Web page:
Fear the Spear

Columbia Falls javelin thrower Angellica Street wins second straight Gatorade Track and Field Athlete of the Year, headed to Texas A&M

By Micah Drew
Angellica Street of Columbia Falls, pictured on May 15, 2019, is among the top javelin throwers in the nation, with the fourth-longest throw out of all female high school athletes in the country. She claimed the 2018 state javelin title. Hunter D’Antuono | Flathead Beacon

For the second year in a row, Angellica Street of Columbia Falls High School has been named the Montana Gatorade Track and Field Athlete of the Year. She earned the honor without throwing a single javelin this year.

“It’s so unique to even get one, and she’s the first one in the history of the school,” Columbia Falls head track coach Jamie Heinz said. “To have a back-to-back Gatorade player is incredible.”

While in-season performance is usually a key factor in evaluating athletes for the annual award, this year the selection committee took off-season achievements, previous accomplishments and recruit rankings into consideration, according to a Gatorade press release. Athletes were also vetted based on their academics and character.

“This award is definitely a reflection of what she’s done — her goal setting, what she’s done academically to get to be able to compete at a collegiate level,” said Heinz, noting that Street kept a 3.02 GPA throughout her high school career. “Ultimately what this award symbolizes is overall excellence in athletes who are headed to the next level — college and professional — and that’s Angellica.”

Despite COVID-19 canceling her senior season, Street will go down as the best girl javelin thrower in Montana history.

Street is the reigning all-classification state record holder as well as a two-time state champion. Only a true fluke would have denied her a third state title had she been able to compete.

“She would have smashed the record for the state,” said Mike Lyngstad, the Columbia Falls throws coach.

Lyngstad was a national caliber javelin thrower himself and quickly saw Street’s talent when he started working with her.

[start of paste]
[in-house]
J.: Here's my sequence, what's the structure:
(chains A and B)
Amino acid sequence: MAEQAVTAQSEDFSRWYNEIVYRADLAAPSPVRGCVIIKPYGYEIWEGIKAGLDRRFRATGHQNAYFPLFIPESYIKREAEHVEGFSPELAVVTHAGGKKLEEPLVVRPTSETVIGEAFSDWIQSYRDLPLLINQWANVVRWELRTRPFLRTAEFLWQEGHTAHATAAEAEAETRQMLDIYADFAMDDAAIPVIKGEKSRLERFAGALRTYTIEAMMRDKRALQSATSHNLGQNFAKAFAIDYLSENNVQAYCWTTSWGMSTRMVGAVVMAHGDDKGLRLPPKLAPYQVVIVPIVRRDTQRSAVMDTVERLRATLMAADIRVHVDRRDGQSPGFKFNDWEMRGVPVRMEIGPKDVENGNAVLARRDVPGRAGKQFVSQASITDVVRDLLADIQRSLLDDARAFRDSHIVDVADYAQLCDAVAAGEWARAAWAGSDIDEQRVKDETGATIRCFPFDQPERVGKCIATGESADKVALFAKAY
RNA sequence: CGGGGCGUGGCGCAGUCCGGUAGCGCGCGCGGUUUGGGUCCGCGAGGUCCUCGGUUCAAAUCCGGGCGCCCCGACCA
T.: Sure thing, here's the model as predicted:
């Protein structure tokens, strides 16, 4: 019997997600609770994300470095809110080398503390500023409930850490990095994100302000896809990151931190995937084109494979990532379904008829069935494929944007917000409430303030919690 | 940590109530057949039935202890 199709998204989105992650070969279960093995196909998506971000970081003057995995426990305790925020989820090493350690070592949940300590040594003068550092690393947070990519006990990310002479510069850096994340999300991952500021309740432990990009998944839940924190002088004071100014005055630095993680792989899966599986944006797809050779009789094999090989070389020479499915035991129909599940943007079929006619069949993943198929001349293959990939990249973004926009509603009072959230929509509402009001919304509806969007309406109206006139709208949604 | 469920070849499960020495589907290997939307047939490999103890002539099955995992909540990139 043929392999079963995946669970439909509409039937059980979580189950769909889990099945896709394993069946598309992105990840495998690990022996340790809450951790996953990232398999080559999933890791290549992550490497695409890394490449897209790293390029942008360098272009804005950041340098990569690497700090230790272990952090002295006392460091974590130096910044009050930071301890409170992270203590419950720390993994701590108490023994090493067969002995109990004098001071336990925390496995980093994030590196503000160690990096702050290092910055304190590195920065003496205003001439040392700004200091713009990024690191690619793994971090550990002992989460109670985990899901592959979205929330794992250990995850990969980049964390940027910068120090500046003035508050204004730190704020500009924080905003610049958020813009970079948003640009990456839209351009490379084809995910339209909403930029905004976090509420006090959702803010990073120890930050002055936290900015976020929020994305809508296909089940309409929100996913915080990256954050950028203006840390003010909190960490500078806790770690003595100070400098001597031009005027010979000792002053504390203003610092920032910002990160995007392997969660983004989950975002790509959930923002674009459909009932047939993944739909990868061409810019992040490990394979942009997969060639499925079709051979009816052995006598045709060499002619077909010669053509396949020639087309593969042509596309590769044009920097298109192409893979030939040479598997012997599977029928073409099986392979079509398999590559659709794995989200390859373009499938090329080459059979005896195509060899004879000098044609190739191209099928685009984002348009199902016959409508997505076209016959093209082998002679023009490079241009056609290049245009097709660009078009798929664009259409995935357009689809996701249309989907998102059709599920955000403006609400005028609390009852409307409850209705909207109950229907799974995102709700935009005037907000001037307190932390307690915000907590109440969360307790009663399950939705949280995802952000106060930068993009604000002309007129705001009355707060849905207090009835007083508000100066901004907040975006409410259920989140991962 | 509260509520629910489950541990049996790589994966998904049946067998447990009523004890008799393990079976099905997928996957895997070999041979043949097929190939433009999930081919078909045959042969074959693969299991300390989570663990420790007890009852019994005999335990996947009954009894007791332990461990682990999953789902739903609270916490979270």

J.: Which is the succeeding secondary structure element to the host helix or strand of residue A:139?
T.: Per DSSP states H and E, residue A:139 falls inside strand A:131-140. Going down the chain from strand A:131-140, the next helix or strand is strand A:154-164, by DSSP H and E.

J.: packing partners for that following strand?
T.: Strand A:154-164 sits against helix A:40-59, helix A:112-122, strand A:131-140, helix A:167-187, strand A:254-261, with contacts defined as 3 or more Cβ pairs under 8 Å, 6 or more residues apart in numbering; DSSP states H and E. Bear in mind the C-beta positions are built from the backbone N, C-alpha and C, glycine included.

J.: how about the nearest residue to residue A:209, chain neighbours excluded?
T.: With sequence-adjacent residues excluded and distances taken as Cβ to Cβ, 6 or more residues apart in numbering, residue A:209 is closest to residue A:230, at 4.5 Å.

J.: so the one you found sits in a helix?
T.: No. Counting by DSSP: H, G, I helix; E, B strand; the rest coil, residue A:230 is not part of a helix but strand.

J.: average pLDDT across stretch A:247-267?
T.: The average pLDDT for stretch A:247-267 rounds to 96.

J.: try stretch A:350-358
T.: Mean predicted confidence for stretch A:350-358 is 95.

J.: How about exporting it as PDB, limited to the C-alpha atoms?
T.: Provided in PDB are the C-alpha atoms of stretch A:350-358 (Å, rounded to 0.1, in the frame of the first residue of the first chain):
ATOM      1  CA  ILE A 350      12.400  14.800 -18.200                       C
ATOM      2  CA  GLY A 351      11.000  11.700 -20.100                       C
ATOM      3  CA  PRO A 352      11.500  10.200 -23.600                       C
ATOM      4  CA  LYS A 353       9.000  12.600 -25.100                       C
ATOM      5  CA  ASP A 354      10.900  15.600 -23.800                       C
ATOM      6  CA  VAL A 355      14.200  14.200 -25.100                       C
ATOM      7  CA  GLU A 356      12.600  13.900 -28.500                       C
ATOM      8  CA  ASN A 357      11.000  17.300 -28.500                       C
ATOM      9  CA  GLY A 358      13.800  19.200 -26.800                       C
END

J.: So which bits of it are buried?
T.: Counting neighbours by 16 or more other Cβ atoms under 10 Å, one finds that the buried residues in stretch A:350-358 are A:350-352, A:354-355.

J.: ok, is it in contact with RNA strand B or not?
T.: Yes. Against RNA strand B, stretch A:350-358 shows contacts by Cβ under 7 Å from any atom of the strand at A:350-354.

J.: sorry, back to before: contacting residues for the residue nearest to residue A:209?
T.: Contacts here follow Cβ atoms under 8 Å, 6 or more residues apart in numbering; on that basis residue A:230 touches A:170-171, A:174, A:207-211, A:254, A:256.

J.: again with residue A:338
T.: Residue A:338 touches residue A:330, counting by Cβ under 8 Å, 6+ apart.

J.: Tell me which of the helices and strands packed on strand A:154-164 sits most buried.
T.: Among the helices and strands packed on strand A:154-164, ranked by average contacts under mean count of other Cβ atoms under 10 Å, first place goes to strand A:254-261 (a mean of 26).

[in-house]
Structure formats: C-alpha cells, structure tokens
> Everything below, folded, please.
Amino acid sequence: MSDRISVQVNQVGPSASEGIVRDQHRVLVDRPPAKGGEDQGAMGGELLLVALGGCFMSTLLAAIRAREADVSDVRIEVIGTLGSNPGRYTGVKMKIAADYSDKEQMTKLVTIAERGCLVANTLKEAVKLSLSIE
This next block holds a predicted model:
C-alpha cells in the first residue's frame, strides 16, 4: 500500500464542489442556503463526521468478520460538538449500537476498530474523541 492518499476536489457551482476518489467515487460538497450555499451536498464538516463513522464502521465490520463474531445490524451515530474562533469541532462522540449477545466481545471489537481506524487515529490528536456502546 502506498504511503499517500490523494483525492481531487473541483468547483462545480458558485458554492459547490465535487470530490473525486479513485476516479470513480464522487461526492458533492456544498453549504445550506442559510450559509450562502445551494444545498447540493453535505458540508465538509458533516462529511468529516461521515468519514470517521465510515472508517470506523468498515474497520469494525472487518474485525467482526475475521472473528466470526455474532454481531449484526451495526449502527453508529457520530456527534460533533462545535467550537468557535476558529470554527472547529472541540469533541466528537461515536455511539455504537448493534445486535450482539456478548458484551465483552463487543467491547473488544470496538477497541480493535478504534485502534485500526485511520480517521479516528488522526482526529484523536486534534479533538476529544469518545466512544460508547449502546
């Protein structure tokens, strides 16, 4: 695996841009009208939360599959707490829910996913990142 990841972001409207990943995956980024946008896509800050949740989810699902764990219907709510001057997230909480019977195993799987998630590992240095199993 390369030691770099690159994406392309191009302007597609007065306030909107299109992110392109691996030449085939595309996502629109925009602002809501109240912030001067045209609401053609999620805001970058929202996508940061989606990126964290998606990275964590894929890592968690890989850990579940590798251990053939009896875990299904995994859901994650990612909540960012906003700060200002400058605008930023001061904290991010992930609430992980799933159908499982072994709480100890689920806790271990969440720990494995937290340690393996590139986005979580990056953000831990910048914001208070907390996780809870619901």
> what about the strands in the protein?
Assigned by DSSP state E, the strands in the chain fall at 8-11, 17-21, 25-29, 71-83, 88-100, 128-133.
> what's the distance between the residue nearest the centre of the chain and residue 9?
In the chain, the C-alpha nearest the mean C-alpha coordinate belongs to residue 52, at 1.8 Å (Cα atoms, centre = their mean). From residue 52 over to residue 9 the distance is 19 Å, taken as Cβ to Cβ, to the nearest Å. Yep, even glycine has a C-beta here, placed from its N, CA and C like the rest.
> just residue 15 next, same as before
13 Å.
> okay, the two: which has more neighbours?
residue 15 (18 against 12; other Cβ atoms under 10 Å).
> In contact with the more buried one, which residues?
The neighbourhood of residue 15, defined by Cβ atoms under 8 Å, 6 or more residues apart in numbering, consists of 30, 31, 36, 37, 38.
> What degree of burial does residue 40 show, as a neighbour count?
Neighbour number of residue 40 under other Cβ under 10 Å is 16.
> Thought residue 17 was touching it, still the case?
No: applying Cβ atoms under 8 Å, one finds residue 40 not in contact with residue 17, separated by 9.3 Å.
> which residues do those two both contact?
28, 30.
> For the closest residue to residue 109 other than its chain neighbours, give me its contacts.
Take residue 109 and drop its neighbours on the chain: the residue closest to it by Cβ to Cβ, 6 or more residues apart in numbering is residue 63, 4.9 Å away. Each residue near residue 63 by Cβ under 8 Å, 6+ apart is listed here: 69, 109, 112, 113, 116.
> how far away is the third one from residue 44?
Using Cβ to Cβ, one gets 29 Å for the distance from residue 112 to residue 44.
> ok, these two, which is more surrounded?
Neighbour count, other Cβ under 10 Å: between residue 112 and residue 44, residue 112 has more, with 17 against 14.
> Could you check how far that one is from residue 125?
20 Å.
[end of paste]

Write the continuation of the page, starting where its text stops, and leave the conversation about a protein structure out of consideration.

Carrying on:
Street’s state-winning throw last year was a full 37 feet — an entire telephone pole — farther than her nearest competitor. En route to winning her state title, Street threw a personal best of 158 feet, eight inches. That throw ranked her fourth in the nation, and she was the only thrower in the top seven who didn’t graduate last year, in essence giving her a preseason number-one national ranking this spring

Street turned the heads of top college coaches around the country, and she ultimately signed at letter of intent with Texas A&M, a Division I collegiate powerhouse in her event.

While at an elite training camp last summer, Street had several throws that were in the mid 160-foot range, an improvement that puts her on a trajectory to fulfill her biggest goal — the Olympics.

In order to qualify for the Olympic Trials, which will be held next summer with the postponement of the Tokyo Games, Street will need to throw at least 54 meters, or just over 177 feet.

“If she progresses like I think she can, I think she can qualify and go to the trials,” Lyngstad said. “I don’t think she’ll be ready to make the team this year. But then her senior year, when she’ll probably be in the best competitive shape she’s ever been, is also an Olympic year, and I really expect her to be in the mix to make the Olympic team.”

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